Pyometra surgery to remove the uterus and ovaries is much riskier and more complicated than a routine spay surgery, which would have prevented Tulip from developing pyometra. When performed early enough, surgery can save most dogs, although there’s still danger of the infection spreading or the uterus rupturing. Lori, Danielle and the others at Best Friends who had met scared but sweet Tulip just had to wait for news. 

“It was hard because she had just started to come out of her shell, and I felt I was abandoning her,” Lori says.

Tulip the dog resting on a soft dog bed with a toy

Recovering after pyometra surgery

Tulip survived the operation and after two nights of supportive care and monitoring in the clinic, she was able to return to Lori’s home, where she could recover physically and emotionally. 

Lori kept Danielle informed about Tulip through texts, and Danielle was grateful Tulip was in such a patient and loving foster home. There would be no puppies, but Lori was just as dedicated to helping the sweet dog. It was four days from the time Lori sent her first text until she saw Tulip wag her tail for the first time.

[Dog learns how to trust people with a little help from a friend]

Lori remembers the moment well, “She wagged her tail outside and it was just the tip somehow and then it was the whole tail. This is when we realized this beautiful girl just needed time. She did have a personality and seeing it come out was delightful.” 

Three days later Tulip accepted her first dog biscuit from Lori. But it wasn’t until her second week at Lori’s that she began to follow Lori’s dogs outside rather than be carried. 

Despite whatever Tulip had endured before arriving at Roosevelt Animal Shelter, she blossomed in Lori’s home, learning what a guinea pig is and snuggling not only with Lori, but also with her cat and kids. As Tulip’s trust grew, she began to dole out kisses to everyone, licking their arms, legs and faces, her tail in constant motion.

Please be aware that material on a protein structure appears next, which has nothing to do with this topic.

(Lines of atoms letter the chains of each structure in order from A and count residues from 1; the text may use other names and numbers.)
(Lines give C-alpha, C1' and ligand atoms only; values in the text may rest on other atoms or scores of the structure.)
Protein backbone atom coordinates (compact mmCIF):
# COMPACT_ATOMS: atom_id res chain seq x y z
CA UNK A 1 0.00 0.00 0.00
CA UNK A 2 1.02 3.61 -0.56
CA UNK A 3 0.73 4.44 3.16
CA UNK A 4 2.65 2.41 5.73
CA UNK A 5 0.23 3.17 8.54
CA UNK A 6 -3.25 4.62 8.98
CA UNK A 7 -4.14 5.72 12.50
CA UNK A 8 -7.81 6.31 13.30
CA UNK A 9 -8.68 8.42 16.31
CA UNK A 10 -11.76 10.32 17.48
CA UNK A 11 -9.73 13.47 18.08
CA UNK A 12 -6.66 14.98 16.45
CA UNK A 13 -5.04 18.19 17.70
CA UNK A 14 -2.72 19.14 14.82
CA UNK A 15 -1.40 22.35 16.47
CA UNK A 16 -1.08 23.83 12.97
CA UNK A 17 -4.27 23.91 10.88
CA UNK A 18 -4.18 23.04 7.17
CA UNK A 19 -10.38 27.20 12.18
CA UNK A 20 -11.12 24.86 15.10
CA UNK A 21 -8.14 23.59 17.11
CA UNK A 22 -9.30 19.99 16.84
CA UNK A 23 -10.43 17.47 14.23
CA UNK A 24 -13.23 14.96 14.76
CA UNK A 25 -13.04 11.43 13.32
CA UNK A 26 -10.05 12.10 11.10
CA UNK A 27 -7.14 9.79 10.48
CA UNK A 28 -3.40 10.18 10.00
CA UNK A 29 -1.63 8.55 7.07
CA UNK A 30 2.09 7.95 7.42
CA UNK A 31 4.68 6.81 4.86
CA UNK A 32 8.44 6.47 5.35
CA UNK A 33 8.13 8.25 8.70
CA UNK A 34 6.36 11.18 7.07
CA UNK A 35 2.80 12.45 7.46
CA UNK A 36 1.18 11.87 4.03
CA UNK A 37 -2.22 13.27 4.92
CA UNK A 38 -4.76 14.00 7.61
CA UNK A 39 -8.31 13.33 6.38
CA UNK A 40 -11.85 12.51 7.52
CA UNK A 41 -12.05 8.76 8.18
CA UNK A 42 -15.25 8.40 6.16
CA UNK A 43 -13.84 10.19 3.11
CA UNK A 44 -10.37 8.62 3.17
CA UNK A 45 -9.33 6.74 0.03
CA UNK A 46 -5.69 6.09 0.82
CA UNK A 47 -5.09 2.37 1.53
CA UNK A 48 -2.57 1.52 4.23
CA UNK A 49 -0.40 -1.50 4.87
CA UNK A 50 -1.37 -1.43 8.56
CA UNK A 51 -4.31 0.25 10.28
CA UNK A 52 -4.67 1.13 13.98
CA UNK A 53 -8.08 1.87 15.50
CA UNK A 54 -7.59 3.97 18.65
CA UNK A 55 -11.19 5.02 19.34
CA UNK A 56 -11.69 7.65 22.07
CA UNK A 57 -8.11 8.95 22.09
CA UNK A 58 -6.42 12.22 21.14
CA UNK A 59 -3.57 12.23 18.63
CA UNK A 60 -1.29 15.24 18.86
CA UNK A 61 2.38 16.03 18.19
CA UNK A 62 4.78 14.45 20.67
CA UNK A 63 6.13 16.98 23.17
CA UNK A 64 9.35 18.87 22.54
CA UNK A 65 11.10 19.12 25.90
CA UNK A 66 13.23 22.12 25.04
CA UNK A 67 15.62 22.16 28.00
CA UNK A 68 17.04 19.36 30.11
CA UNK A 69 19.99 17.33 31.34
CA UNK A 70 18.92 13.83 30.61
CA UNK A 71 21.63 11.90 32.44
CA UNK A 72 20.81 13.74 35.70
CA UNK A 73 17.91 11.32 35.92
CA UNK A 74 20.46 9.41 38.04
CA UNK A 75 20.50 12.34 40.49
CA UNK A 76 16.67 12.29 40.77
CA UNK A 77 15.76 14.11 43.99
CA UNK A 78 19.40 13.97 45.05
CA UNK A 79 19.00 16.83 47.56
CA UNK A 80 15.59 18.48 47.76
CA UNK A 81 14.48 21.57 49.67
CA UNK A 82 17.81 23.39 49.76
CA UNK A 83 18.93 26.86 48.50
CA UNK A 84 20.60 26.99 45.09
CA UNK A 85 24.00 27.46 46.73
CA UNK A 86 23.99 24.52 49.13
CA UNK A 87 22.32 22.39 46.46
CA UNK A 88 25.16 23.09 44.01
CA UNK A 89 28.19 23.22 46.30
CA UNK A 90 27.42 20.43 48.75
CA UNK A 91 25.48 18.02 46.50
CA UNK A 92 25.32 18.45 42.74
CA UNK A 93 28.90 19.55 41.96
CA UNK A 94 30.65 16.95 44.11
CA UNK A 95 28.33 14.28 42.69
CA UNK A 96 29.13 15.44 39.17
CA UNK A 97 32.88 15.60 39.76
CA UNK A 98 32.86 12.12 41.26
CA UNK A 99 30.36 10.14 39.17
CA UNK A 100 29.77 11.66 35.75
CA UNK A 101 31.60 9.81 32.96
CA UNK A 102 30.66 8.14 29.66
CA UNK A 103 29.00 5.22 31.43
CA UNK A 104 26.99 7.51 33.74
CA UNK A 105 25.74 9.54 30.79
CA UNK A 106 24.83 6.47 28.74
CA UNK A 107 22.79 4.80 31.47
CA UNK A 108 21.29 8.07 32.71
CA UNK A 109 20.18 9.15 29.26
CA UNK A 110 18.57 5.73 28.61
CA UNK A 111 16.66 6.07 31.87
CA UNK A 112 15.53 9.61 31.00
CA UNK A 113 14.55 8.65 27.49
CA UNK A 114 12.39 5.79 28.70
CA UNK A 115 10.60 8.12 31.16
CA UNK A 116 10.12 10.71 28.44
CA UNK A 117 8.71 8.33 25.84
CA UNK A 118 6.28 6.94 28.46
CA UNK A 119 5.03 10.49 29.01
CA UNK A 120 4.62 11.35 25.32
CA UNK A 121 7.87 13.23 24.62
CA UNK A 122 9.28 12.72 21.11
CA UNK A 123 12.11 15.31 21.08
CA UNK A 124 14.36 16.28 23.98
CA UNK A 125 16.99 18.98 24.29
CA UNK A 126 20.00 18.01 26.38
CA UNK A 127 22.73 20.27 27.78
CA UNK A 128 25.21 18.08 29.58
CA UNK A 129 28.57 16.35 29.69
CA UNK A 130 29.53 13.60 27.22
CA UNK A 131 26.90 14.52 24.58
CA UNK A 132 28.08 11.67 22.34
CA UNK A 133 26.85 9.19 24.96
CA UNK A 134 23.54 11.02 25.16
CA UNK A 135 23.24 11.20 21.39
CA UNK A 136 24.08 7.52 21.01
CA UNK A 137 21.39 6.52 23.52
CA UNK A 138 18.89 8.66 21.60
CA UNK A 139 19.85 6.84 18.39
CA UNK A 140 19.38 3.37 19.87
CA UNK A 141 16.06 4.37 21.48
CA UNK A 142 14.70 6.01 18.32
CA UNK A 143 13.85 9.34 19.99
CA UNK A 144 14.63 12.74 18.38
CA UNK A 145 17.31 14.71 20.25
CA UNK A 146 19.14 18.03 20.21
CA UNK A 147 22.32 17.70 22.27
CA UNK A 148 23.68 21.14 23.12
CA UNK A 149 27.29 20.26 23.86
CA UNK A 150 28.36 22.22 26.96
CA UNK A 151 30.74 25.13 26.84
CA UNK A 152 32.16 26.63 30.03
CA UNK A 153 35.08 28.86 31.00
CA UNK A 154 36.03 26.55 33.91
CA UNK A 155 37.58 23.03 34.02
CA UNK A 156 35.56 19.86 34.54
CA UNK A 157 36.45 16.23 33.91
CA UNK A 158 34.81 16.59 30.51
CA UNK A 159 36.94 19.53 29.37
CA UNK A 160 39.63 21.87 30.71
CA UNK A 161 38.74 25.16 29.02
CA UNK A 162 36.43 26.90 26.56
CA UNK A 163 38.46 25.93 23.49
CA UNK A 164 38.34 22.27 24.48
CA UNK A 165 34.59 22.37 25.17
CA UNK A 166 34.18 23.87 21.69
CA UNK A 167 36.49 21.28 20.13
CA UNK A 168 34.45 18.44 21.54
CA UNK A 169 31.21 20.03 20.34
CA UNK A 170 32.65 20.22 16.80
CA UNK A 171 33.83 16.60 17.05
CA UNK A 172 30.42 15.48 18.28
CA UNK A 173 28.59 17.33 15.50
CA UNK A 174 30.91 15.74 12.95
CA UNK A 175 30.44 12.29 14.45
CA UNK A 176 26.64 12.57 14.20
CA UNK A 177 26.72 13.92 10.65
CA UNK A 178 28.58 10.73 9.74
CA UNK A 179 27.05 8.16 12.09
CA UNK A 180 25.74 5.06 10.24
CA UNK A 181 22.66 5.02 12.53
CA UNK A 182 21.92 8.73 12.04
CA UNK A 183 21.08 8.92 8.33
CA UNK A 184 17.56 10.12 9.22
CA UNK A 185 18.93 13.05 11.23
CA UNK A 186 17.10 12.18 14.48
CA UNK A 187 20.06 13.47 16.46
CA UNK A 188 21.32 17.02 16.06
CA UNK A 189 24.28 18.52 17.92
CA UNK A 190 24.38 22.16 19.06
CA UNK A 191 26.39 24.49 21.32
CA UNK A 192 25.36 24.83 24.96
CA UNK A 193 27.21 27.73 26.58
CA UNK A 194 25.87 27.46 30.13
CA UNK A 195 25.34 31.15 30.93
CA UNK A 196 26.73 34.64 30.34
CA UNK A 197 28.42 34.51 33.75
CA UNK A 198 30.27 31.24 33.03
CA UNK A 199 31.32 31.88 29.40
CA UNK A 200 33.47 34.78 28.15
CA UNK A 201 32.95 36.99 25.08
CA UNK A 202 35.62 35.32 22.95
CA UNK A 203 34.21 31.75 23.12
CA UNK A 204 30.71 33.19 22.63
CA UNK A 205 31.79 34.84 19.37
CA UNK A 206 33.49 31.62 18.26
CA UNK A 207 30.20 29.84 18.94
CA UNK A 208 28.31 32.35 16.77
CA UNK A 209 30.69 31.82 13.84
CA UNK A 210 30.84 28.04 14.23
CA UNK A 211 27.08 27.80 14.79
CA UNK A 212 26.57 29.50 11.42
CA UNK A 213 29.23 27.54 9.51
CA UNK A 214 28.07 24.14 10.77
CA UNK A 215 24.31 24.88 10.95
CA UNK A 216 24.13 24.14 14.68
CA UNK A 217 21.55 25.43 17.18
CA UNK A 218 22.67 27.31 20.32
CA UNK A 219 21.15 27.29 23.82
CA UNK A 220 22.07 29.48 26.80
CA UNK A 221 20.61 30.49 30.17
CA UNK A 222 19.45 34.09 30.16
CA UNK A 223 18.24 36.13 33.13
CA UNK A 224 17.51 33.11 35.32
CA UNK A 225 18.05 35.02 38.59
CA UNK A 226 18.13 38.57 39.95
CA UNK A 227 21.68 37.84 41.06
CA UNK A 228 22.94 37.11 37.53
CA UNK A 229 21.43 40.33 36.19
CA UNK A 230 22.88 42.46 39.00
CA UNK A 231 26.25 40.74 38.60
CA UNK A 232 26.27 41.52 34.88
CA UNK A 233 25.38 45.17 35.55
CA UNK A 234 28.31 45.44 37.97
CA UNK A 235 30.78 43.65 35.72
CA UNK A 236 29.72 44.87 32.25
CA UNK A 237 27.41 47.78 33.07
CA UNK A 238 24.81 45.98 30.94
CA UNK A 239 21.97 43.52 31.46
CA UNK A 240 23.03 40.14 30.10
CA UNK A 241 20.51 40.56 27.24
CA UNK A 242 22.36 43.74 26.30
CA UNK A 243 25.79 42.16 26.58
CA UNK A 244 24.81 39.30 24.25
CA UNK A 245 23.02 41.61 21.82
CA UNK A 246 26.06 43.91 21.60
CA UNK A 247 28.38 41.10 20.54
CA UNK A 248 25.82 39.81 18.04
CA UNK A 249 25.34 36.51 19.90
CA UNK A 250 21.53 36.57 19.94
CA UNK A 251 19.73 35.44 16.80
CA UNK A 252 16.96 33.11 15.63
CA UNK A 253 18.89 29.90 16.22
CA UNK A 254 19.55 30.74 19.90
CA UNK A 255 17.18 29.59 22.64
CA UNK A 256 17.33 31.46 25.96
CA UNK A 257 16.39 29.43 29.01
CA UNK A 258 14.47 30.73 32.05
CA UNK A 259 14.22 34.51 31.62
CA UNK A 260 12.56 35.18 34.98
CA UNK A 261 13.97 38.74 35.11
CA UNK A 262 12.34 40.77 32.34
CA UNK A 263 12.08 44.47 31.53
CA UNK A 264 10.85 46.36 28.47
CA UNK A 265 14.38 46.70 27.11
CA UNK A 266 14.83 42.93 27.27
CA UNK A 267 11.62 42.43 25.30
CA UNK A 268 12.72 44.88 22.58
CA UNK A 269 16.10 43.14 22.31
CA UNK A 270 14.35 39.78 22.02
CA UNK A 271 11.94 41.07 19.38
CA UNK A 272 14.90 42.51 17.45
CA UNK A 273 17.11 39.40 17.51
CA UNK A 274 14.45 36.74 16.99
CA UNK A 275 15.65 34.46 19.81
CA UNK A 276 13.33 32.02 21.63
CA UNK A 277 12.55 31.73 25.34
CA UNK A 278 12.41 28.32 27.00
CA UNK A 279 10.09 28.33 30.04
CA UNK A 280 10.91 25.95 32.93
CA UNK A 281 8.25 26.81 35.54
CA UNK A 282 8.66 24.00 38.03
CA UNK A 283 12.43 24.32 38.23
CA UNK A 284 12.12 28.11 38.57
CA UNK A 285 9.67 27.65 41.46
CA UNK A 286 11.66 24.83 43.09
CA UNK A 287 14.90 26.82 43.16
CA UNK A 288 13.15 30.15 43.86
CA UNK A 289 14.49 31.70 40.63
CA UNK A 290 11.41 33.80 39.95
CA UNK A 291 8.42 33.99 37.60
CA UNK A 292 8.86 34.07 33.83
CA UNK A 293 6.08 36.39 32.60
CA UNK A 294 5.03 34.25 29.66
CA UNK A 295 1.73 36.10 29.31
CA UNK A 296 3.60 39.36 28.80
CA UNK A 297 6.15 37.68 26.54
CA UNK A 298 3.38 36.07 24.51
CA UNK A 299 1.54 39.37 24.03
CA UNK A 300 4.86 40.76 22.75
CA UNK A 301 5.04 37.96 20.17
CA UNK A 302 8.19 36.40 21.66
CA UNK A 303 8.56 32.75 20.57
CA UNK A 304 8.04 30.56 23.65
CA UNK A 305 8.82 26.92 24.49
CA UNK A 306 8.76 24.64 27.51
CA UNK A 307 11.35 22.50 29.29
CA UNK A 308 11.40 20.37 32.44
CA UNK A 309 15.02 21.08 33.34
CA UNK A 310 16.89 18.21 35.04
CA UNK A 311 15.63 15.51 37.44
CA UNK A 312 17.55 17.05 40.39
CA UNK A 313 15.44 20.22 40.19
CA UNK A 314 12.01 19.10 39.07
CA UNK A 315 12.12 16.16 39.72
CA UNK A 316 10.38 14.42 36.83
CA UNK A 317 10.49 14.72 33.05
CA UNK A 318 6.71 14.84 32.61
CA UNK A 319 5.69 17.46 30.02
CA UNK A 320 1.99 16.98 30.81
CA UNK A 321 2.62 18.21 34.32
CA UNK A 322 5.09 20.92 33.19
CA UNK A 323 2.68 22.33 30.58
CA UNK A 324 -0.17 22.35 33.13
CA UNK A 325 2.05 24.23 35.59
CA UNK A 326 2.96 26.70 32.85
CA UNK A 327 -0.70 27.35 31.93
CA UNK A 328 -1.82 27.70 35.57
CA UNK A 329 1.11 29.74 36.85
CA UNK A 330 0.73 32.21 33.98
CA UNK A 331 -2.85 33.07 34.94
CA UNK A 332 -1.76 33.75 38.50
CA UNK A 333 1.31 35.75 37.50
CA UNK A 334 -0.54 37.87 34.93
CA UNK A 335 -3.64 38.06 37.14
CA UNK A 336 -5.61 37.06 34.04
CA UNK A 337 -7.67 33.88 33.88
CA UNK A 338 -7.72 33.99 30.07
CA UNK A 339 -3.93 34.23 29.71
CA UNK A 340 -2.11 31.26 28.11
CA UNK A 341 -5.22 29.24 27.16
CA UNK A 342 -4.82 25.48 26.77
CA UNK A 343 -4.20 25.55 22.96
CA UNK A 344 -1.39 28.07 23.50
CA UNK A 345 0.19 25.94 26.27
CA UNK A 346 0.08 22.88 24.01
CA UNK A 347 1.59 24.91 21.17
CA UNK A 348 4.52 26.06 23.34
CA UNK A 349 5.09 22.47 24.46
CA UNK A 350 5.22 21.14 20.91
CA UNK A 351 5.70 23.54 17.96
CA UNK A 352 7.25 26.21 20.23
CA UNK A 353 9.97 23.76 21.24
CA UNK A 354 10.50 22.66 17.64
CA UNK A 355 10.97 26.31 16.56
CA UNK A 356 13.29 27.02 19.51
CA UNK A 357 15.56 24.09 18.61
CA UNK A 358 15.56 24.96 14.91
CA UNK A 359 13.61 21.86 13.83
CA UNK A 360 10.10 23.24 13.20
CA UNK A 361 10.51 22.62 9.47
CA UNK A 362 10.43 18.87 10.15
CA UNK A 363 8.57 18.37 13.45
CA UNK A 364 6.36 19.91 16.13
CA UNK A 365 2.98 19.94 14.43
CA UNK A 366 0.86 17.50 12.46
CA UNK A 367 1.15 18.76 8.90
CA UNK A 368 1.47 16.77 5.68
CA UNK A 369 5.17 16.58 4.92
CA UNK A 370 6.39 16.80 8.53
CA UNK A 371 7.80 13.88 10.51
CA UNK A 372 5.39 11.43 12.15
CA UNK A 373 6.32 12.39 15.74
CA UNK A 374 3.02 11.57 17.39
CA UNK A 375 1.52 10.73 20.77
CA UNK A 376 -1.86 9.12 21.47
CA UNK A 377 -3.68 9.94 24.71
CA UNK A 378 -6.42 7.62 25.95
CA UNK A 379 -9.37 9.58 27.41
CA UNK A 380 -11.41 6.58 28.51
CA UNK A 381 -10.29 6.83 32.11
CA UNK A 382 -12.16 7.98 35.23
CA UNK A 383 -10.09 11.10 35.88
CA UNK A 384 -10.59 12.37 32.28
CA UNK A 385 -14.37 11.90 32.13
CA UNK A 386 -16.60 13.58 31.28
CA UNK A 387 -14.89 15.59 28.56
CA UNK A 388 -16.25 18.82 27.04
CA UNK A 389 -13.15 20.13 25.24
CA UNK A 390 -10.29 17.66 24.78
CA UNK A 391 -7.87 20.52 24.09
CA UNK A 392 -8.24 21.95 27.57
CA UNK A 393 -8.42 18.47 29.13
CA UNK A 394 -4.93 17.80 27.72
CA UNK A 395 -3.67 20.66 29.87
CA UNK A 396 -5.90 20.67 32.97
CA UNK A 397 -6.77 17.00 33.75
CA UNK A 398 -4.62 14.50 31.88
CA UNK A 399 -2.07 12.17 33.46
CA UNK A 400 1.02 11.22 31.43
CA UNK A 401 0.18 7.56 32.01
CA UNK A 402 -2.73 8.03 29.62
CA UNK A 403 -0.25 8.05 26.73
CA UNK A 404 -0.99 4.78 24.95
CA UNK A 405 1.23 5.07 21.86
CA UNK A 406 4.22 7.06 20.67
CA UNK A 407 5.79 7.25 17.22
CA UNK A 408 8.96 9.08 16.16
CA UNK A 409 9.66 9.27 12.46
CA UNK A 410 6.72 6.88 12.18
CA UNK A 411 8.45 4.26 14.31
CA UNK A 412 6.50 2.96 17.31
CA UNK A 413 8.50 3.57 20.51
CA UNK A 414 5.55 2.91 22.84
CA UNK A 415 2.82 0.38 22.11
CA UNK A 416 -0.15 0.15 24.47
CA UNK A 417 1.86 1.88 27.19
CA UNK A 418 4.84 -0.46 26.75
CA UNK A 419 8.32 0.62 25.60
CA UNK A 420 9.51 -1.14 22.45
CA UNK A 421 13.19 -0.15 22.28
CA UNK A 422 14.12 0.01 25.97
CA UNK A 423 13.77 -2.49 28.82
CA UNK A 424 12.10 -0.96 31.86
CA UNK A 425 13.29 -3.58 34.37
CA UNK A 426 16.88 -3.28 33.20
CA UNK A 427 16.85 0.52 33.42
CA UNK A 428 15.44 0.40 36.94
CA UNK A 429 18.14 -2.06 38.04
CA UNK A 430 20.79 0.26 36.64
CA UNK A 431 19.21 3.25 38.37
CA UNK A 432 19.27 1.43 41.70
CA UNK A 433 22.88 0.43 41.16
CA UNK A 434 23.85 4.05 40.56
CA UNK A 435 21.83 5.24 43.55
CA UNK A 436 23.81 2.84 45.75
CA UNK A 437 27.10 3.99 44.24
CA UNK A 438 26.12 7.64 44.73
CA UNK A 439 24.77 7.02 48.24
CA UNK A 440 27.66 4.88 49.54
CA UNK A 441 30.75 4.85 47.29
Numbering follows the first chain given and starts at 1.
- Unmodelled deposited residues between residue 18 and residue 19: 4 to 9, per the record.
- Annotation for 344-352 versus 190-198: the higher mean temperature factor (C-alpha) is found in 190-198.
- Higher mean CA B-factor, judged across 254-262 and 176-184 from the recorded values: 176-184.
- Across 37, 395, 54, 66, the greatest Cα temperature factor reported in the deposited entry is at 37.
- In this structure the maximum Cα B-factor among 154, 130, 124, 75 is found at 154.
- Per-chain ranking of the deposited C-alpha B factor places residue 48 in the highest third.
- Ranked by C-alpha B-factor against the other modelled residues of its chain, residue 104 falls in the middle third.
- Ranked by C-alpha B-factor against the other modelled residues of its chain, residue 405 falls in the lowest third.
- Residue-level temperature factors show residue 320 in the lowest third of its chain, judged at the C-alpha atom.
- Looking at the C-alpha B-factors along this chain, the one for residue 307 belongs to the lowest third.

Tulip the dog looking happy in the seat of a car

Going home for good

Tulip showed nothing but gentleness to the people and other animals around her, despite all she’d been through. Once she was feeling better and given a clean bill of health, the sweet dog was ready for her own home and family. It wasn’t going to be easy for Lori and her family to say goodbye after all they’d been through together, but Tulip was ready to start the next phase of her life.

Shortly after Tulip’s photos and bio went up on the Best Friends website, people inquired about her. On a Zoom call with a prospective family (with Tulip sleeping by her side as she answered the family’s questions), Lori could tell this family was the one. “They fell in love with her the moment they laid eyes on her,” she says.

Tulip went to her new home and she’s doing great. While Lori felt a little empty after Tulip first left, she doesn’t regret any part of the experience. Tulip’s life will be filled with comfort and love from now on, and that’s in part because Lori said yes to fostering her.

Tulip’s ordeal reminded her of the difference she can make in the lives of animals. “There is always room in your life somehow to help out,” says Lori. “Even if it’s just your voice. I like to say: They need you and you need them. It’s a win, win.”